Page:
As Finn points out, these actions are not just insulting and frustrating, but could also be dangerous. A teen or adult with an IDD still has desires concomitant with their chronological age, including a desire for autonomy. An individual who has been infantilized may gravitate toward peers who seem to respect their autonomy. If that same individual has never been educated about sex, drugs, or other issues relevant to their chronological age, they could be an easy target for abuse and exploitation.
And, age can be used as a weapon in reverse, too. An adult with IDD may be denied supports due to their age, or admonished to “act their age” during a public meltdown, for example. But, many nondisabled adults have meltdowns, too. (We might see one on the floor of Congress today). Being an adult does not mean one lacks support needs, just as having support needs does not mean one is essentially a child.
So, how do we combat thinking based on mental age theory?
First and foremost, we need to separate maturity from support needs. Ivanova Smith suggests some ways in which we can concisely describe another person’s support needs without any reference to mental ages. For example:
Ivanova can’t drive due to developmental disability that causes them to have struggles with multitasking and hand eye cordination.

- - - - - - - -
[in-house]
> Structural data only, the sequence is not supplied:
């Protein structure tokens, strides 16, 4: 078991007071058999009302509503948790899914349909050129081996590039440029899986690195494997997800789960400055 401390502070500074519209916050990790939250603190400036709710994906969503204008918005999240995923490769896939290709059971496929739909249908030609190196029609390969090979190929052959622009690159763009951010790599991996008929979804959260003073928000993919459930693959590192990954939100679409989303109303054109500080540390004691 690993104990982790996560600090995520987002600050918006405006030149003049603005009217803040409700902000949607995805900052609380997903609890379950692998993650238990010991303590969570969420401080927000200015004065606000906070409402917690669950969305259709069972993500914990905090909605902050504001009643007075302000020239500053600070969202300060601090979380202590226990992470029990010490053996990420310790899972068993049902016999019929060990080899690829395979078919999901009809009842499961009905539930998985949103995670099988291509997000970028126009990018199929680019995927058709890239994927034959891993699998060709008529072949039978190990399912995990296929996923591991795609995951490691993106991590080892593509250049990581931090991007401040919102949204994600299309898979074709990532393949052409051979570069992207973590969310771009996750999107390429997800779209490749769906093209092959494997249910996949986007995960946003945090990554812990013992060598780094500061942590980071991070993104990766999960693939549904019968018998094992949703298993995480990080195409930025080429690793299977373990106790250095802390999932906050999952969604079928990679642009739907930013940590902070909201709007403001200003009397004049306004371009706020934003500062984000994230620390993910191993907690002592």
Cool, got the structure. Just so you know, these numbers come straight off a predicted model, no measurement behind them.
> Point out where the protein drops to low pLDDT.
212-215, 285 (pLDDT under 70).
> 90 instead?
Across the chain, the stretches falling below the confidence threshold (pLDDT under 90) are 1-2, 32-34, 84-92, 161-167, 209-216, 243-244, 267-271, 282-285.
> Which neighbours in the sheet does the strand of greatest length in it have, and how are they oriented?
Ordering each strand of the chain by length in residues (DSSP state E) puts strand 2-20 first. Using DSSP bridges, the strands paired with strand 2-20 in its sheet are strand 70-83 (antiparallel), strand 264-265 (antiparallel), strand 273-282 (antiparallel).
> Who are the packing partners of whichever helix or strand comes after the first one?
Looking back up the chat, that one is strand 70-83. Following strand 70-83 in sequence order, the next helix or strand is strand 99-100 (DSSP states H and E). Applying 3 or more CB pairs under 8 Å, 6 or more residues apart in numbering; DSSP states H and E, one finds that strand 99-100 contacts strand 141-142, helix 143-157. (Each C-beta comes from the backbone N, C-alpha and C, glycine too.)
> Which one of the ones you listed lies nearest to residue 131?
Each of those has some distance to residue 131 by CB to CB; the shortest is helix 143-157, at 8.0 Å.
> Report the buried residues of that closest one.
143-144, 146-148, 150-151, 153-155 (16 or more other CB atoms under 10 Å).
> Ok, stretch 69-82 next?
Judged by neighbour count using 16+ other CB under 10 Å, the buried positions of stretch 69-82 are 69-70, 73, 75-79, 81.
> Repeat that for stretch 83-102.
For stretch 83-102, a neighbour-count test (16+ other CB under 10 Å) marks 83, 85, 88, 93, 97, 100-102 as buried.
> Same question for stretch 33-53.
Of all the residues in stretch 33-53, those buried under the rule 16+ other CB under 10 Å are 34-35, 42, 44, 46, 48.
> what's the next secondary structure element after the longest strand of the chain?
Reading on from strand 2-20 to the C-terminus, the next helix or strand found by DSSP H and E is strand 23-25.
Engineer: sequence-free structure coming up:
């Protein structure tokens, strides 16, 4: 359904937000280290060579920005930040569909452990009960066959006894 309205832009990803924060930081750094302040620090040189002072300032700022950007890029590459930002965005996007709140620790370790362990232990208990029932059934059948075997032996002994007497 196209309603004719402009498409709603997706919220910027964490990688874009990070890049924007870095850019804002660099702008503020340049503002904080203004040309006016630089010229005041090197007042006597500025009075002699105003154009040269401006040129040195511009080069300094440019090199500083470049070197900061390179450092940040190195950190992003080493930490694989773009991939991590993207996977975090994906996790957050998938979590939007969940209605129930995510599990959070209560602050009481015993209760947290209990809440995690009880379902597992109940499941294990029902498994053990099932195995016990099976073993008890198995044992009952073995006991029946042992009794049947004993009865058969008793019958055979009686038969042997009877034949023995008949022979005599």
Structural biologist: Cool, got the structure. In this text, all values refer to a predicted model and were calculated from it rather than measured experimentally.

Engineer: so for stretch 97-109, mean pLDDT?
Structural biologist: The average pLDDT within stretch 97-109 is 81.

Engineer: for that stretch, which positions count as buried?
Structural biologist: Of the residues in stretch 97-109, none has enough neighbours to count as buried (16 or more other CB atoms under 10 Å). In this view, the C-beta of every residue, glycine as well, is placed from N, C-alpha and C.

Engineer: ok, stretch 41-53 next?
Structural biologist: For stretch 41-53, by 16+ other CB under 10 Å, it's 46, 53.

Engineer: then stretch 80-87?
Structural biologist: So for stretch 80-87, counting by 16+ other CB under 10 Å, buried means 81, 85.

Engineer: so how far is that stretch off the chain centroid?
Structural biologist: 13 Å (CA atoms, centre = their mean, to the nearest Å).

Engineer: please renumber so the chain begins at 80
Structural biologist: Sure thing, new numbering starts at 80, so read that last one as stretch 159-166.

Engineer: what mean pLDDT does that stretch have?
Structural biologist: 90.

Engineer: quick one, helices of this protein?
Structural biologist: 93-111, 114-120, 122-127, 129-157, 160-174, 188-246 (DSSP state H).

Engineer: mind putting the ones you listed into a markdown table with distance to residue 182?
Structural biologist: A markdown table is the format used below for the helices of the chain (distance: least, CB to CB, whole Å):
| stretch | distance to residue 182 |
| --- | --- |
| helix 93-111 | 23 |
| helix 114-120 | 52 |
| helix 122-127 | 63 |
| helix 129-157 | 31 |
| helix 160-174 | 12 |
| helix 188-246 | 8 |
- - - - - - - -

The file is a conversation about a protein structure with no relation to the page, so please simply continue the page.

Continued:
Ivan needs help across busy streets because they don’t understand traffic very well and need support to be safe.
Ivan may need support with emotional regulation because they process emotions differently than other people.
In a related vein, disabled children often receive primary support for disability-related needs from their parents or other family caregivers. Once these children become adults, they may still need human supporters, but having a parent continue to be the disability-related support worker can become a conflict of interest. When parents support their children, they hold authority in the relationship, but when disabled adults get support from people like readers, sign language interpreters or personal care assistants, they benefit from being the one in charge of the interaction. For example, when I was a child, my parents read to me often. They controlled what, when, and where the reading took place, which was entirely appropriate when I was a small child. As an adult, I still need human assistance accessing print, but I need to be the one in charge of what is being read to me. It can be difficult for a parent and adult child to renegotiate a supporting relationship in such a way that the parent is essentially working for their adult child (even if unpaid). It is important for adults with IDD to have self-determination, to the greatest extent possible, in directing who will support them, with what, when and where this support will occur. Depending on the resources available to that individual, and their specific impairments, family members may need to be involved with some of that process. This can work, but only if the family member(s) are willing to consider the disabled adult as someone with their own voice in decisionmaking.